First, this word:
The Indiegogo campaign for the Kenosha Festival of Cartooning is down to the last five days, and they're at about 90% of goal, which is good, except that, if they don't make goal, they pay a higher processing fee. So figure that your support, if it helps them raise that last grand, is worth an additional $400.
And a disclaimer: I've been asked to cover it and not as a buddy but with a small stipend. But (don't tell Anne) I was going anyway. In any case, you'll get to see coverage here, whether you are able to make it to Wisconsin or not.
But, if you don't give, you won't also have a signed comic collection or a piece of original cartoon art. And you want those, so, come on.
The part where other people step up is over.
(Was this ad relevant to you? Yes __ No __ Show me some damn cartoons __)
And now, a bit of secular religious humor
A few weeks ago, I saw some Passover food marked down at the grocery store and thought, "Wait, did I miss Passover this year?" but then -- and I'm not kidding -- I realized that I couldn't have, because Edge City hadn't done their annual Passover arc.
And here we are. Let the sparing of eldest sons begin.
This is one of my favorite comic strip traditions.
And then there's this new strip, Francis, by Patrick Marrin, over at GoComics. I don't know how sustainable it's going to be, but it's fun while the ideas hold up, and I like the notion of celebrating a people's pope.
It's gonna take more than a stick of gum to get me back in the fold, but he's made some more substantive moves.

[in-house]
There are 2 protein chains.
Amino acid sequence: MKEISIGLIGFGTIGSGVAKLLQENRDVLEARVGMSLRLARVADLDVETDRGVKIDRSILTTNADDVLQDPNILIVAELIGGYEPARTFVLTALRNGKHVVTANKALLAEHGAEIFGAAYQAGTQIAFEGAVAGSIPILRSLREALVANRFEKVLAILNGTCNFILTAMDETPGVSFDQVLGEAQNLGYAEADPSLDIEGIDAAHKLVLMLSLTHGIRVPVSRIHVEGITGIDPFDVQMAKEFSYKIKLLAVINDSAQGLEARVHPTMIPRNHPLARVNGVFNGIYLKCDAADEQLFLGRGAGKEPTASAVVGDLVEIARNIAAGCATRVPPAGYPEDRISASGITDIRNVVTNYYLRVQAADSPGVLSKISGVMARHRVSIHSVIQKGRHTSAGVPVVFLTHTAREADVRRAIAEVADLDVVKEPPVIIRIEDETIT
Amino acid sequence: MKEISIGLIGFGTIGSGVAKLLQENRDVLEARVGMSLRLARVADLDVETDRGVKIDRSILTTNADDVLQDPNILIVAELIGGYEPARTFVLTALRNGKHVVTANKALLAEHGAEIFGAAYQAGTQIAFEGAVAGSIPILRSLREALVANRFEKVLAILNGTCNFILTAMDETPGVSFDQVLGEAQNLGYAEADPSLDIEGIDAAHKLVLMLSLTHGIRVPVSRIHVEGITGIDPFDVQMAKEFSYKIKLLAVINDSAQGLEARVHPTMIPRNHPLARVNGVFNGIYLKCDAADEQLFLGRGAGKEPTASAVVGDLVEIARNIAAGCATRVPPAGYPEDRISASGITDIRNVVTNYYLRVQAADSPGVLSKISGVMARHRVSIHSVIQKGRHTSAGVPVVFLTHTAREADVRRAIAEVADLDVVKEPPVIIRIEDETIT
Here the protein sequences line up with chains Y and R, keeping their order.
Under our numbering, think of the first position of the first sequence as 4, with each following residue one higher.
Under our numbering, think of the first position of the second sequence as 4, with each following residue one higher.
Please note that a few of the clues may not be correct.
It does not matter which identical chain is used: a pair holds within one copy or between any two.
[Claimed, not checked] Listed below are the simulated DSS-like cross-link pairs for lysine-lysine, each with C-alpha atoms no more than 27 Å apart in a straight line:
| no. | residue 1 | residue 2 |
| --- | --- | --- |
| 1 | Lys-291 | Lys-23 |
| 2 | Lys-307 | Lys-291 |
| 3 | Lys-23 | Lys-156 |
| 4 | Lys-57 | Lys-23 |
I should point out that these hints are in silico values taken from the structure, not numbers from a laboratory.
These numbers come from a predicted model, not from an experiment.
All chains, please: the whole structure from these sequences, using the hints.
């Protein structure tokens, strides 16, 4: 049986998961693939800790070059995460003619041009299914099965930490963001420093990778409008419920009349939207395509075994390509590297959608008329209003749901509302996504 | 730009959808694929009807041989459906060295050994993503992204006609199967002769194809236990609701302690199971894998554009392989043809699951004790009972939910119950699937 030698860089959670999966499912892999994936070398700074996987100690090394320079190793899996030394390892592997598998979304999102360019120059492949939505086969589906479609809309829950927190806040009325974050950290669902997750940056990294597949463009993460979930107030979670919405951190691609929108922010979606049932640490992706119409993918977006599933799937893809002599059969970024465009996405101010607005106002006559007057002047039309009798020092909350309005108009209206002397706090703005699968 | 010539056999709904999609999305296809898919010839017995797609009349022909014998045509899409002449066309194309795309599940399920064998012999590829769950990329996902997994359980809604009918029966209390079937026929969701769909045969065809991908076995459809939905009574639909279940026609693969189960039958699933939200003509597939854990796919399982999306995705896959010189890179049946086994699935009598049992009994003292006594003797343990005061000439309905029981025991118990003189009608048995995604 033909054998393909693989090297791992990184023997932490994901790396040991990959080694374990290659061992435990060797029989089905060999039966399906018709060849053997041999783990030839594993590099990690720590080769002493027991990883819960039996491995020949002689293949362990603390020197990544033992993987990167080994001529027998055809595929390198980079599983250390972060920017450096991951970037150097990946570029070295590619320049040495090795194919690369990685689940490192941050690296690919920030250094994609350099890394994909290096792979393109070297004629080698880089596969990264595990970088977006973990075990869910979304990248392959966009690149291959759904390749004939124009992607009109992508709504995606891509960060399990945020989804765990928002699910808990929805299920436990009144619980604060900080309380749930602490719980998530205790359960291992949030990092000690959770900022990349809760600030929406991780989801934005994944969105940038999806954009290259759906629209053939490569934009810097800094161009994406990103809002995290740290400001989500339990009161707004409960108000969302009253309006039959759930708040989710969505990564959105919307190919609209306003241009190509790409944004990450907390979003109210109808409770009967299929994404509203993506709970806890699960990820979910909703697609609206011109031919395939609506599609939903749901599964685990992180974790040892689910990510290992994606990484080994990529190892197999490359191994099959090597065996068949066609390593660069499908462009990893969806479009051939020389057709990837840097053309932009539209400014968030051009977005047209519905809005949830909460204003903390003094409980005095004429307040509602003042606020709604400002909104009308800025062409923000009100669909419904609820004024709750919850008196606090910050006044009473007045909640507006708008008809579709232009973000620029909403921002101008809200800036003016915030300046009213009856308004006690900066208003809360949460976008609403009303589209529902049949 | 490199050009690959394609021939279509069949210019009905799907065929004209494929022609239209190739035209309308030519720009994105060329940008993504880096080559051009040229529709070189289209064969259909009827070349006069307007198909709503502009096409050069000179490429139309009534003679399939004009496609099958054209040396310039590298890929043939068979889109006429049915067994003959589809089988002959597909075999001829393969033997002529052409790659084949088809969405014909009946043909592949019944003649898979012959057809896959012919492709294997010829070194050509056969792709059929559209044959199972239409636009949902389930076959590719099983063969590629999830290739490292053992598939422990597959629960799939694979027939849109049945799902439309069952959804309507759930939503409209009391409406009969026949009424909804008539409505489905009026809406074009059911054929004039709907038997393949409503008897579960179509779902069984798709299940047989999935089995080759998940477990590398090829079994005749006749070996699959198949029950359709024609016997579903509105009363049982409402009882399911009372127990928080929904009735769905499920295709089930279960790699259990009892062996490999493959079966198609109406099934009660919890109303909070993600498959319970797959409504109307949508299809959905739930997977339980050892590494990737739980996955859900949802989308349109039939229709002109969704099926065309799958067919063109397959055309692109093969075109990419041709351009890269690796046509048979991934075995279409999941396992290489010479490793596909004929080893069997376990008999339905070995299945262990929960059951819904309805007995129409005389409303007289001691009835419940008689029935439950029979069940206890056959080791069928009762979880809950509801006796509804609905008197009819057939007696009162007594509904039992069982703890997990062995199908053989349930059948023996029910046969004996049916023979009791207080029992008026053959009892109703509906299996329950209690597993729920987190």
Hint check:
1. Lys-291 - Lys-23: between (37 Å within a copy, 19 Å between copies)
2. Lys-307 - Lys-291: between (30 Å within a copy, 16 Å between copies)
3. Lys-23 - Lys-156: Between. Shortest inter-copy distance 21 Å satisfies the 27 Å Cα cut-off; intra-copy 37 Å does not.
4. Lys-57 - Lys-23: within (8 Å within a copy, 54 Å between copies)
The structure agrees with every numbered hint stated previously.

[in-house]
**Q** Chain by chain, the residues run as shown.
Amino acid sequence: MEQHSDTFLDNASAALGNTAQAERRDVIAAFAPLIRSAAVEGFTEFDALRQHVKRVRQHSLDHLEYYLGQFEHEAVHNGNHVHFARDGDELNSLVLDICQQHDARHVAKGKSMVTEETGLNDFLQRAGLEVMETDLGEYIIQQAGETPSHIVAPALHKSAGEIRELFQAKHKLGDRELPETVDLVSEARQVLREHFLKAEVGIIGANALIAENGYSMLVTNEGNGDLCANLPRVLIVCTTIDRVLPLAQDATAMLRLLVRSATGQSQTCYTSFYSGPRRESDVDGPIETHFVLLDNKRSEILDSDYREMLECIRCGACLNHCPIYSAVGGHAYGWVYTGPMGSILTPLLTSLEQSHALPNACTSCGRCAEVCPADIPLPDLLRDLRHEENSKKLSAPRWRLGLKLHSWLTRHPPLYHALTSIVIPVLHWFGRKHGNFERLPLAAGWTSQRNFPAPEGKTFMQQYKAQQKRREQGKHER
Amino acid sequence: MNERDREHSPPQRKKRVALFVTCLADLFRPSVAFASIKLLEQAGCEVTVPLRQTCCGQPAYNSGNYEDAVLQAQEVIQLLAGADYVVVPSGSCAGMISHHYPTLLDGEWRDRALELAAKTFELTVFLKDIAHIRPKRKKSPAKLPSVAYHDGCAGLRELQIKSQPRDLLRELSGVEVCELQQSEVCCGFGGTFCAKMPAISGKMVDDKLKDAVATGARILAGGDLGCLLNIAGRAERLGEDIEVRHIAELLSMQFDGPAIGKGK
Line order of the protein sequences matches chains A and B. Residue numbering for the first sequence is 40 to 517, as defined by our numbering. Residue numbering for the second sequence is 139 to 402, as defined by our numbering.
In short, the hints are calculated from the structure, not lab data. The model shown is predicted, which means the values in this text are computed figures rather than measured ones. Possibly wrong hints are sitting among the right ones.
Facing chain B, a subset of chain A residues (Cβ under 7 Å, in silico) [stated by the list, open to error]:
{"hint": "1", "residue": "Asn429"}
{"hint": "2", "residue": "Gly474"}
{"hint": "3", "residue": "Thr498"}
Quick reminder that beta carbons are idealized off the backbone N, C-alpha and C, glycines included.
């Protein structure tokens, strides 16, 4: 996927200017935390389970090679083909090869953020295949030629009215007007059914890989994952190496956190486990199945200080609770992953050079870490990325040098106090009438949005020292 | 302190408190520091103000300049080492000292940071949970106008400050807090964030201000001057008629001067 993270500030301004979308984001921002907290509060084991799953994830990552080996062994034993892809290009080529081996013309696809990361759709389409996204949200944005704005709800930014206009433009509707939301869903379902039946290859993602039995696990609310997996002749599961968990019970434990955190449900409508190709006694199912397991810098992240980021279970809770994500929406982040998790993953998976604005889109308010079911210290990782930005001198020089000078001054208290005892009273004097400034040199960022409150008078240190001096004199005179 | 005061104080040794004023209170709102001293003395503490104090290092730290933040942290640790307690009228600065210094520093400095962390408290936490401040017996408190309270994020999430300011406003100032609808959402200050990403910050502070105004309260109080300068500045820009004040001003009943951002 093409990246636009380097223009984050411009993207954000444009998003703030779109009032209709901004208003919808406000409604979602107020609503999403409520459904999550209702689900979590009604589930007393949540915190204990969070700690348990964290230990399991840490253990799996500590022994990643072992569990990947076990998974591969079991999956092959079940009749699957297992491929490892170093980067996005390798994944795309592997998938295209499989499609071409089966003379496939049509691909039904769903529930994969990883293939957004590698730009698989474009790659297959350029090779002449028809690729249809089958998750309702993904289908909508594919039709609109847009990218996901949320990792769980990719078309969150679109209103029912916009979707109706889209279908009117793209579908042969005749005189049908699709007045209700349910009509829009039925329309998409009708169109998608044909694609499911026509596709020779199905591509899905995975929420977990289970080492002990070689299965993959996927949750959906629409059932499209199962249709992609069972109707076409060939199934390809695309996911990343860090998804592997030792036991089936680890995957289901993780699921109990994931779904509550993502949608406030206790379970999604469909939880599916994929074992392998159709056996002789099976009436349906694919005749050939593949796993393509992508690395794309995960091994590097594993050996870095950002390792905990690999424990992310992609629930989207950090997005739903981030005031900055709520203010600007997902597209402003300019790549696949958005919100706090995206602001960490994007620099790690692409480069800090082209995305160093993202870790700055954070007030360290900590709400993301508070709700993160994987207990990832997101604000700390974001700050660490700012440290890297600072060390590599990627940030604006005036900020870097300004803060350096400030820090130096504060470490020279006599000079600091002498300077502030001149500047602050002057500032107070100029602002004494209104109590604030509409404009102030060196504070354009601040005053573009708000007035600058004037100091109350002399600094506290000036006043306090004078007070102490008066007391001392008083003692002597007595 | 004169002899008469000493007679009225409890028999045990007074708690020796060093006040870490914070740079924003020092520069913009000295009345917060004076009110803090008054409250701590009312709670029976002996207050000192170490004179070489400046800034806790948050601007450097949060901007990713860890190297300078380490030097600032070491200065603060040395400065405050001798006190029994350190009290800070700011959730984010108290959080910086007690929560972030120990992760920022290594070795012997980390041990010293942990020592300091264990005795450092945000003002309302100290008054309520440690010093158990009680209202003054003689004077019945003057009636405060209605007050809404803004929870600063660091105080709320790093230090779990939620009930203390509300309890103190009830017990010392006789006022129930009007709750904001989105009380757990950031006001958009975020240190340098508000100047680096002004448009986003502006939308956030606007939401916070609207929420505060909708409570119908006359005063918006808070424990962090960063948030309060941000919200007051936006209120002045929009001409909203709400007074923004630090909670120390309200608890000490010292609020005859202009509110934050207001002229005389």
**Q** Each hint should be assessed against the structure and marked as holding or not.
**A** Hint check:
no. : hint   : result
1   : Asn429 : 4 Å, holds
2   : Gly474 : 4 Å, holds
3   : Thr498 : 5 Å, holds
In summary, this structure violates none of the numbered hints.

I wrote yesterday about generational perspective, and I remember back when people objected to Vaughn Meader's irreverent treatment of the president in "The First Family." I also remember thinking that the humor was so affectionate that it was a compliment and that the offended should loosen up.
That means I'm also old enough to remember this guy. I was beginning to think I was the only one.
Speaking of compassion
As said, I only intend to return to this topic when someone brings in a different wrinkle. Jen Sorensen riffs on the inexplicable lack of common sense and real-world logic behind the Supreme Court's utterly tone deaf ruling.
And Jeff Danziger adds an even more somber tone to the heartless, elitist, counterfactual and illogical argument.
Then, for the coup de grace, Jon Stewart is often sharp, but this takedown of the Court's blatantly inconsistent reasoning is unusually pointed even for him.
If you are going to simply declare the reasoning "Bullshit," you have to back it up.